- Sliced almonds. I HIGHLY recommend toasting these separately, because a toasted nut is immensely more flavorful than its pale counterpart. But if you can’t be bothered, it’s OK. The blondies will still be bonkers good.
- Coarse sugar. This is completely optional, but I really love it as a finishing touch. Just a light dusting, right before the blondies meet the oven gives you a crackly, shiny, golden, and sugary crust that just takes these to the next level.
How to Make Caramelized White Chocolate and Almond Blondies
I’m going to break this down in two parts. The blondies themselves actually come together pretty quickly, but caramelizing white chocolate is something I’m betting not a ton of you have done before, and even though it’s criminally easy, a brief primer never hurt anyone.
How to Caramelize White Chocolate
- Start with good quality white chocolate (at least 30% cocoa butter).
- Break it into small pieces and spread into one layer on a small, rimmed baking sheet
- Place into a preheated 300° F oven
- Let it melt for about ten minutes. Then remove from the oven and using an offset or rubber spatula, spread the chocolate out into one even layer.
- Return to the oven for another ten minutes and repeat this process3-4 more times or until the chocolate is a deep, caramel color (a couple shades darker than peanut butter)
- Let the chocolate cool (I throw mine into the freezer), then break into 1/2 inch pieces and store in a covered container in the fridge until ready to use.
Things to look out for while caramelizing white chocolate:
- If your white chocolate begins to darken very quickly, turn your oven down about 15 degrees – some ovens run hotter than others, and this should be a slow and gentle process.
- The chocolate will be difficult to smooth out at first and may even become chalky or grainy. That’s totally normal. Just keep moving it around (use a little elbow grease) and it will eventually slacken out and become melty and shiny. The more you work it, the glossier it will become.
- The edges of the pan will be much hotter than the center, so for even caramelization try to keep the chocolate in an even layer, closer to the center of the pan.
- You can totally make this ahead of time. Just stash the broken pieces of caramelized white chocolate in an airtight container in the fridge for up to a week.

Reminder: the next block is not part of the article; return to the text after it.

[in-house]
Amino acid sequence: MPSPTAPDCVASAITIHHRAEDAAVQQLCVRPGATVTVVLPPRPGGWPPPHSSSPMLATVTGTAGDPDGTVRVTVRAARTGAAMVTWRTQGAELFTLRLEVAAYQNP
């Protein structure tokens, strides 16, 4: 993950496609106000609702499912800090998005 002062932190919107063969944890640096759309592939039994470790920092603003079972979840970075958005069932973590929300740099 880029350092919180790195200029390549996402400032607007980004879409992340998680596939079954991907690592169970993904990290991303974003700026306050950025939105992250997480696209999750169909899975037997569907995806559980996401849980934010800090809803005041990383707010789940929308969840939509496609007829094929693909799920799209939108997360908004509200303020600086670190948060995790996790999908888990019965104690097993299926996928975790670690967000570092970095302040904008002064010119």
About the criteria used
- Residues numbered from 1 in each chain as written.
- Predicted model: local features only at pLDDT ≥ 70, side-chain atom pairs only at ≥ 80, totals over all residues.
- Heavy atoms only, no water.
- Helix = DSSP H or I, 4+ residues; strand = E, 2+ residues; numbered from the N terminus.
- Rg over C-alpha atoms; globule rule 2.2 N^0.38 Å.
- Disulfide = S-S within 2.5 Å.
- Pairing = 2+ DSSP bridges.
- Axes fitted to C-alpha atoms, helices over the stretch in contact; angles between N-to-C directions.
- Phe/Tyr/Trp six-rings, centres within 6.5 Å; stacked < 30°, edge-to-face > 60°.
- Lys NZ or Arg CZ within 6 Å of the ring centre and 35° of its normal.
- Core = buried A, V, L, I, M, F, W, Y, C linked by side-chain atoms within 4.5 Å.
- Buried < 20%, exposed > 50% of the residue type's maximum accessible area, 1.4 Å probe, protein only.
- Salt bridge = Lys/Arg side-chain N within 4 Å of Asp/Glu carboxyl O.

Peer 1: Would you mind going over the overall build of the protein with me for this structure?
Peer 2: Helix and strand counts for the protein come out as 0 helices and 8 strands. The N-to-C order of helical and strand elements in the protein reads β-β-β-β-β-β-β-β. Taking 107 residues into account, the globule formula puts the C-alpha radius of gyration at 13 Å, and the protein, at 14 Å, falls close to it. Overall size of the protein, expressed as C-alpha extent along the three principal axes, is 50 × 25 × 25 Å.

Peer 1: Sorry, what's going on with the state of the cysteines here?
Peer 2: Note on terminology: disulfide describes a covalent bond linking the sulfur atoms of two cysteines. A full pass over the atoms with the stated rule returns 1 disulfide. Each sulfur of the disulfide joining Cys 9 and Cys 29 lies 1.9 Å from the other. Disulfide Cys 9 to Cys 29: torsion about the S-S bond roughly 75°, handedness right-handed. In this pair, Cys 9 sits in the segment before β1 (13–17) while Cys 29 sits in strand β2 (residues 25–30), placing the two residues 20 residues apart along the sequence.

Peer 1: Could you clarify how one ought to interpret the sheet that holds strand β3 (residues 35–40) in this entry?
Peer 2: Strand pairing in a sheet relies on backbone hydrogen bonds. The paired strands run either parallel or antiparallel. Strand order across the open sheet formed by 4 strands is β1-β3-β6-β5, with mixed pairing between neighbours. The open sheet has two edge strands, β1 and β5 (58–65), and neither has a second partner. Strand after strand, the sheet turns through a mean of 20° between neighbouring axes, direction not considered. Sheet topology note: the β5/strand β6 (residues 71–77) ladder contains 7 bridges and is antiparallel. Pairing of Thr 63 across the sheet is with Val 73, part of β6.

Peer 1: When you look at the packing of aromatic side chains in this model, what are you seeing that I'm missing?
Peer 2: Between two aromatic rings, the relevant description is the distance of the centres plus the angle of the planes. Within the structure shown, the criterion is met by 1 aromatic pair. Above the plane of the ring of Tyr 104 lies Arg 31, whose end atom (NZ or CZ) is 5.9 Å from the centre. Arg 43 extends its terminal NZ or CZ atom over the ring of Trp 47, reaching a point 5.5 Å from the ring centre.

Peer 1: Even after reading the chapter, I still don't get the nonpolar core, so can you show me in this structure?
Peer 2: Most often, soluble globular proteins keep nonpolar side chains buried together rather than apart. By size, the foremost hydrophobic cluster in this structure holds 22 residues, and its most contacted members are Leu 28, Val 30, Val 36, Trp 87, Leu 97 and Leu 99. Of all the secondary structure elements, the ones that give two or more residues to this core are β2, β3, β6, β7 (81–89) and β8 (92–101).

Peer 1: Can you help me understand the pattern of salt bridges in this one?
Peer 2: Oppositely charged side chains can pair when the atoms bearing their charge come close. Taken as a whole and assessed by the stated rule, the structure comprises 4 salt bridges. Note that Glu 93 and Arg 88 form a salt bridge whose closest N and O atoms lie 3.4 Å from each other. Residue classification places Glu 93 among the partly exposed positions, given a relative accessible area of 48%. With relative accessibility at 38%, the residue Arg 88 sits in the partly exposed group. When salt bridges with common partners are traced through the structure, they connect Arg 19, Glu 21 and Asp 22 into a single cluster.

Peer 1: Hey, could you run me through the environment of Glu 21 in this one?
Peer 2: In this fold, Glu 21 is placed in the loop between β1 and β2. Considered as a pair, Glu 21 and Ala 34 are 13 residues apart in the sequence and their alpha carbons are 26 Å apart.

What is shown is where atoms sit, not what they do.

How to Make Caramelized White Chocolate and Almond Blondies
Now that we’ve given our a white chocolate a little tan, let’s assemble these things and get to eating!
- Start by browning your butter in a heavy bottomed sauce pan. This takes about five minutes from start to finish but should NOT be skipped, as the flavor is beyond compare. You can find step by step directions on how to brown butter here, but it’s basically about heating the butter until it melts, foams up, and eventually browns. Keep an eye on it, swirl or stir the butter frequently, and use a pan with a light colored surface so it’s easier to see the color change. Once the butter is a dark, walnutty brown, take it off the heat immediately.
- Let your brown butter cool a bit – we want it warm, but not ripping hot. I usually do this by chucking the whole pot into the freezer for about 5 minutes. Then build the blondie batter right in that same pot. Whisk in your brown sugar, eggs, and vanilla until you have a smooth mixture. Then add the remaining ingredients, being mindful to sprinkle the baking soda, baking powder, and salt more or less evenly over the top of the flour.
- Use a spatula to bring the dough together. It will be very thick, but will come together – I promise.
- Pat the batter evenly into a parchment lined 8×8 baking pan, sprinkle with coarse sugar, and bake in a preheated 350°F oven for 40-50 minutes, or until the top is set and shiny.
- Let cool at least 30 minutes in the pan before cutting and serving.
Tips for Baking Caramelized White Chocolate Blondies
This recipe combines something super simple (blondie batter that you make all in one pot) with something a little on the fancy side (browning butter and caramelizing white chocolate). But trust me, the effort is so worth the end result. But if you’re concerned even a little – let’s walk through some tips to help you along the way.
- Preheat your oven. This is ALWAYS the first step to any baking recipe. Nothing is worse than whipping up a beautiful batter only to have it sit on the counter until the oven comes up to temp.
- Use a good quality white chocolate. No, you don’t have to break the bank for this, but opt for something at the grocery store that comes in bar form rather than chips or wafers.
- Don’t use parchment paper or cooking spray when you caramelize the white chocolate. That stuff just gets in the way, and trust me, once the chocolate has hardened it will release from the pan easily.
- Use a sturdy whisk and spatula to bring the batter together. It is VERY thick and will require a bit of elbow grease.
- Try not to over bake. The fudgy nature of a blondie (or any bar dessert for that matter) is highly dependent on how well it’s baked. These will continue to firm up as they sit, so I’d err on the side of a little under rather than a little over. If you do let these go a minute or two too long though, don’t fret. A 20 second blast in the microwave will help bring any blondie back to its chewy, jammy, fudgy self in no time.